Current Members Of The Supreme Court Can't Wait For Kavanaugh To Arrive
With Brett Kavanaugh’s nomination to the Supreme Court now official, the current members of the Court are solidifying plans for the new Justice’s arrival. His initiation process is expected to be slightly more intense than just being forced to prepare coffee for the other Justices.
“It’s not every day that the integrity of the Court gets compromised,” Justice Sonia Sotomayor said, loosening the bolts on the back of the empty chair at the Court’s main conference table, where the nine Justices discuss cases. “The Republican Senate and President can send him here, but he’ll never feel at home.”
As Chief Justice, John Roberts has the task of holding house in the Court and keeping order.
“And that’s just what I’m doing,” he insisted, taping a picture of Merrick Garland’s face to a life-sized doll and putting it in a chair in the corner of the Court’s only empty office, soon to be Kavanaugh’s. Dousing the seat and back of the chair with Gorilla Glue and pressing the doll into it, Roberts added, “luckily, we got some much-needed practice with Gorsuch. Isn’t that right, Neil?”
Bound, gagged, and duct taped to the ceiling, Justice Gorsuch’s muffled agreement was drowned out by the sounds of Roberts’ power drill, as he bolted the chair to the floor.
“We all have our own ways of showing our disdain for the partisan stain that Kavanaugh represents,” Justice Elena Kagan stated, painting black stripes beneath her eyes while Justice Thomas spider dribbled a basketball with his eyes closed. “It’s not much, but Clarence and I are going to sacrifice our Court-only pickup basketball games for the sake of some humiliation. Usually, we play three on three so we can have a sub on each team, because not all of us are as in shape as Ruth. Soon, though, we’ll be playing eight on one.”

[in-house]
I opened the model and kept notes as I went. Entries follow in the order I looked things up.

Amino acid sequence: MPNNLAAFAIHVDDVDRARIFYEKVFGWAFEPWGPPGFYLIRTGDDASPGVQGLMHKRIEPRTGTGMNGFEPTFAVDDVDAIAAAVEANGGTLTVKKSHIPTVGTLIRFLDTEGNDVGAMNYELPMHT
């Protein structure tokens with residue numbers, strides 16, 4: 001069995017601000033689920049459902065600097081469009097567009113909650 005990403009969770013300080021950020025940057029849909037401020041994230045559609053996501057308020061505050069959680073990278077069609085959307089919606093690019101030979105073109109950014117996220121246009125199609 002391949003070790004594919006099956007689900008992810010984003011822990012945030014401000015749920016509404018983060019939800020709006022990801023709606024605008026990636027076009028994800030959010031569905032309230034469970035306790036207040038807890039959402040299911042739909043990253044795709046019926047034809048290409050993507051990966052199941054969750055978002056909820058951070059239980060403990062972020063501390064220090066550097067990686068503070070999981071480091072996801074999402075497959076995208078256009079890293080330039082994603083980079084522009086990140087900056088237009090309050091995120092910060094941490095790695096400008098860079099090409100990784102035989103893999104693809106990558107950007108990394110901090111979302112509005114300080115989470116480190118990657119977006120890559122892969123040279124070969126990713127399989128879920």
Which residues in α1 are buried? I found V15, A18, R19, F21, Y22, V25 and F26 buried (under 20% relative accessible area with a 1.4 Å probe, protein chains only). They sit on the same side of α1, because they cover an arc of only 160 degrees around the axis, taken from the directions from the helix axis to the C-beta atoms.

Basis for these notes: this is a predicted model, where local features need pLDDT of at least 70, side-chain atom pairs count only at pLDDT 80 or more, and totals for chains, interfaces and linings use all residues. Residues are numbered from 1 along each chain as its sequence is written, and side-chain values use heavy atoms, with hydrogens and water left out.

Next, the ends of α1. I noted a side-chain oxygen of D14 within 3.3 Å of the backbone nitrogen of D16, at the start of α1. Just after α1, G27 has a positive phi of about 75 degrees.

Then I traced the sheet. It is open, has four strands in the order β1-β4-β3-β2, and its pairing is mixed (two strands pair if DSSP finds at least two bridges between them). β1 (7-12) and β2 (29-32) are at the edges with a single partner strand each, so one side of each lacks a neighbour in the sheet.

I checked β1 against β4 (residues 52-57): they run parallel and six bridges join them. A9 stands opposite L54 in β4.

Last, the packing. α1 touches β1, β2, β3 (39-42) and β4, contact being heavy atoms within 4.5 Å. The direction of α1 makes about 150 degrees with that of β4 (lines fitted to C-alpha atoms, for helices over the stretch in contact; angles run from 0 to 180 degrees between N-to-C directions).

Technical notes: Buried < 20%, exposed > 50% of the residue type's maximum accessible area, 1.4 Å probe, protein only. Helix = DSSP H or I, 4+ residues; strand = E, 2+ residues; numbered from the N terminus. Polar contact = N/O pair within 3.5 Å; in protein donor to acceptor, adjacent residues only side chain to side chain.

Spinning the ball on his nose, Thomas tapped her on the shoulder, held up seven fingers, then pointed to the ceiling.
“Oh right,” Kagan corrected herself with a smirk. “Seven on one.”
“Of course it won’t change much,” Justice Breyer admitted as he dumped an undisclosed type of insect eggs into a heating vent in the empty office. “But the whole point of the Supreme Court—and the entire judicial branch, really—is to hold in check the other branches of the government and act as a neutral intermediary. If Kavanaugh is willing to sacrifice the point of this Court just so he can get on it, we almost have a Constitutional duty to ruin it for him.”
Asked where in the Constitution that duty came from, Justice Breyer spread his arms, cocked an eyebrow in disbelief, and said, “I’m Stephen freaking Breyer: I’ll find it somewhere.”
For Justice Samuel Alito, there doesn’t have to be Constitutional backing to justify some retaliation: It’s a matter of protecting his own job.
“The partisan stain Kavanaugh brings to the Court will taint everything we do, every decision we make,” he explained, approving a trade in the office fantasy football league that sent Patrick Mahomes and Ezekiel Elliott to Breyer’s Ice Cream Sundays, and Tyrod Taylor to Kennedy’s Globetrotters, the team Kavanaugh stands to inherit. “It’s not just whether Kavanaugh can hear a case dealing with a president’s impeachment—every case we hear now becomes political. So what happens when the other branches of government switch hands? Are we going to see new laws trying to override the decisions we made while the other party was in power? Is it worth the time and effort it takes us to make those decisions? Do we cater our opinions to the political atmosphere? Is that what this Court has become?”
Justice Ginsburg, plugging in the wine cooler that replaced the mini fridge in the empty office, was more straightforward.
“If the other branches of government aren’t going to play by the rules, neither will we.”
“In there, Neil,” Chief Justice Roberts ordered. Justice Gorsuch came into the office pushing a dolly stacked with heavy boxes.
“Take all these law books down from the shelves and put them in storage,” Roberts instructed, “and then replace them with these, just like in your office.” Opening the first box, he pulled out a handful of copies of John Grisham’s The Pelican Brief and put them up on the shelf.